“The consumer has changed more than anything else,
Nova Scotia makes sparkling wines that have become
and the wine industry just responded very effectively to
a Canadian staple. Out of British Columbia, Cabernet
consumer demands,” said McWatters. “People just evolved,
Sauvignon, Merlot and Pinot Gris have been competing
and so many wine regions have matured, Canadians have
against wines from even California.
expanded their tastes to much broader ranges of wines – especially with red wines.”
“We don’t have the warm sunny California days that vintners have in there or in Australia or South Africa,”
McWatters was the first to bring Meritage to Canada,
said Asha Hingorani, director of government & public
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affairs at the Canadian Vintners Association. “But I would say that it lends to our brand. We’re rooted in these soils and our climate really lends to the quality of wines that we’re showcasing. We’re rooted in cool.”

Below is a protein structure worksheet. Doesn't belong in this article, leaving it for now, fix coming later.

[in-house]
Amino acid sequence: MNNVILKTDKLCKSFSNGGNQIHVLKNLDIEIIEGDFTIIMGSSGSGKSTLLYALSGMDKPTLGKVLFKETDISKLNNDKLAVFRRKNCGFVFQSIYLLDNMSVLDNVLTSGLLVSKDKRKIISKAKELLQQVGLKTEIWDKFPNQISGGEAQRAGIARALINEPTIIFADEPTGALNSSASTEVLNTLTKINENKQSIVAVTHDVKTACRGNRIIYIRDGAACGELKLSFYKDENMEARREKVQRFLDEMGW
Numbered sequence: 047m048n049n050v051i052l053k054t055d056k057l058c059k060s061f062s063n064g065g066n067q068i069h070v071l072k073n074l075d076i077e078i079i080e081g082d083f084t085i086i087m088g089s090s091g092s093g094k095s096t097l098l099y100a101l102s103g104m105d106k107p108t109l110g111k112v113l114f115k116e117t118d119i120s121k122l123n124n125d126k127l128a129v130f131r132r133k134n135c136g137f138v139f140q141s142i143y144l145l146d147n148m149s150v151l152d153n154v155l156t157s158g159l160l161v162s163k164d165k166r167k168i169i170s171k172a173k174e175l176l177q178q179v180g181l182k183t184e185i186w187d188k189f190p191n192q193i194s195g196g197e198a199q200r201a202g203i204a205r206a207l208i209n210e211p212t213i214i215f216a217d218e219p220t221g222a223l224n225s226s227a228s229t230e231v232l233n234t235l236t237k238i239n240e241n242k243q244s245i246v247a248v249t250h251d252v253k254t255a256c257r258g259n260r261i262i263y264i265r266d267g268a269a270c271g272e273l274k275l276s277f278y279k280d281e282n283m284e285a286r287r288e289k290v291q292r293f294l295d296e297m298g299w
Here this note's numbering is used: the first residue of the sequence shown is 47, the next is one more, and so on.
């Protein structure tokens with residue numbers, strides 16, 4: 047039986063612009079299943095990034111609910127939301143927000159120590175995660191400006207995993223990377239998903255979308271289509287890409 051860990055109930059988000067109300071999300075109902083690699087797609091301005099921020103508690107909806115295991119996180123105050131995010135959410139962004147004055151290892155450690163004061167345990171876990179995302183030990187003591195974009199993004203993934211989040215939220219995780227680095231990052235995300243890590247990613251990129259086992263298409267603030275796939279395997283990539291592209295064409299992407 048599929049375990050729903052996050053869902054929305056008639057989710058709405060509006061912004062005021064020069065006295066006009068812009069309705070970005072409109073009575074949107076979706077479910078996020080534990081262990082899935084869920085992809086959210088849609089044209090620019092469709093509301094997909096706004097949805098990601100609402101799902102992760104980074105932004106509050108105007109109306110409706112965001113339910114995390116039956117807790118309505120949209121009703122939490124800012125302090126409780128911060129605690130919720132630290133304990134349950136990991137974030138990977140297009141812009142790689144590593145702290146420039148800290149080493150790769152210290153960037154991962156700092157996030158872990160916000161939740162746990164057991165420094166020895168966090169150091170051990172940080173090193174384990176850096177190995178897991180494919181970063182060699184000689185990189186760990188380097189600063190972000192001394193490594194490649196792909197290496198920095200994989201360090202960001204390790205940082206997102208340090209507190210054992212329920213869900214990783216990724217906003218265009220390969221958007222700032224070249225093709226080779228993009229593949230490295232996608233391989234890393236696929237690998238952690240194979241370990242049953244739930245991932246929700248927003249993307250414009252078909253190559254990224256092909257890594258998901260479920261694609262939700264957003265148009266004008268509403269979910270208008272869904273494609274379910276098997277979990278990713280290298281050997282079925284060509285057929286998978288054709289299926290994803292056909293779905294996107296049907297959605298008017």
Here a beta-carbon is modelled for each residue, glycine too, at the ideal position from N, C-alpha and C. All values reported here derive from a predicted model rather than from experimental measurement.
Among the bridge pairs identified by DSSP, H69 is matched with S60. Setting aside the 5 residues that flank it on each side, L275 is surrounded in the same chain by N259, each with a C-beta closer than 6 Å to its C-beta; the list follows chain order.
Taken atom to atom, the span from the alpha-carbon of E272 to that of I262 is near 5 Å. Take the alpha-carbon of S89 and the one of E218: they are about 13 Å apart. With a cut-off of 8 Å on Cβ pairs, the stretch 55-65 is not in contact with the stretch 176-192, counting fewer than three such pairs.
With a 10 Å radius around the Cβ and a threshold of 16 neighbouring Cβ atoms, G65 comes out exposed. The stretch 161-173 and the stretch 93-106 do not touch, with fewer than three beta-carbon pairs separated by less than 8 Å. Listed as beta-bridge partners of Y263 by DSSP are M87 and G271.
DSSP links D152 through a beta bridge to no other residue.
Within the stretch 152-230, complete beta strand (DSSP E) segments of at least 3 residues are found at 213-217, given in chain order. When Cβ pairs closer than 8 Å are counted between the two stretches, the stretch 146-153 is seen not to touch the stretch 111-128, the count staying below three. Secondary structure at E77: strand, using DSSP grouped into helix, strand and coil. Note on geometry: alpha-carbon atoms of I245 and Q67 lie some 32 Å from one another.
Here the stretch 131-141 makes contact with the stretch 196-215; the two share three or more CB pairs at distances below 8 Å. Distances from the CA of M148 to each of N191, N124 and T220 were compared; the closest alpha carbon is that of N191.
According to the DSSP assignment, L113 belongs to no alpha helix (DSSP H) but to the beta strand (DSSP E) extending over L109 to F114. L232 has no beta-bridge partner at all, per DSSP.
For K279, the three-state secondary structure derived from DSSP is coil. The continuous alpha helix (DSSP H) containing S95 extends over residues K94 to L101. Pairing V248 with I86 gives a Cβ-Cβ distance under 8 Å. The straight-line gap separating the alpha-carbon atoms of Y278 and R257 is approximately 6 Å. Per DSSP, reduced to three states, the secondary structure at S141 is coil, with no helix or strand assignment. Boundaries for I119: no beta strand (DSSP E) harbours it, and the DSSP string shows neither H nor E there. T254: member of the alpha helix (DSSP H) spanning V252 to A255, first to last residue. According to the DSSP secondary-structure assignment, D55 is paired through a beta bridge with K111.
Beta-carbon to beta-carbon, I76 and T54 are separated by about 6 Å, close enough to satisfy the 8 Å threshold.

T hink you know Canadian wine?
Test your knowledge with these questions. 1. Canada’s wine-growing regions are comprised of approximately how many acres? a. 60,000 b. 30,000 c. 90,000 d. 45,000
In Düsseldorf, Germany this year, Canada had 25 wineries participate in the ProWein International Trade Fair for Wines and Spirits. The idea of Canadian
2. In 1990, there were just 17 wineries in British Columbia; today, over how many wineries is the province home to? a. 250 b. 400 c. 310 d. 272
participation in the largest wine show in Europe was to educate an important export market on Canadian wines, said Hingorani. Canada is still considered a new-world wine region, but the wine industry already
3. Canada’s top export markets for wine are all but the following: a. U.S. b. Chin c. Japan d. South Korea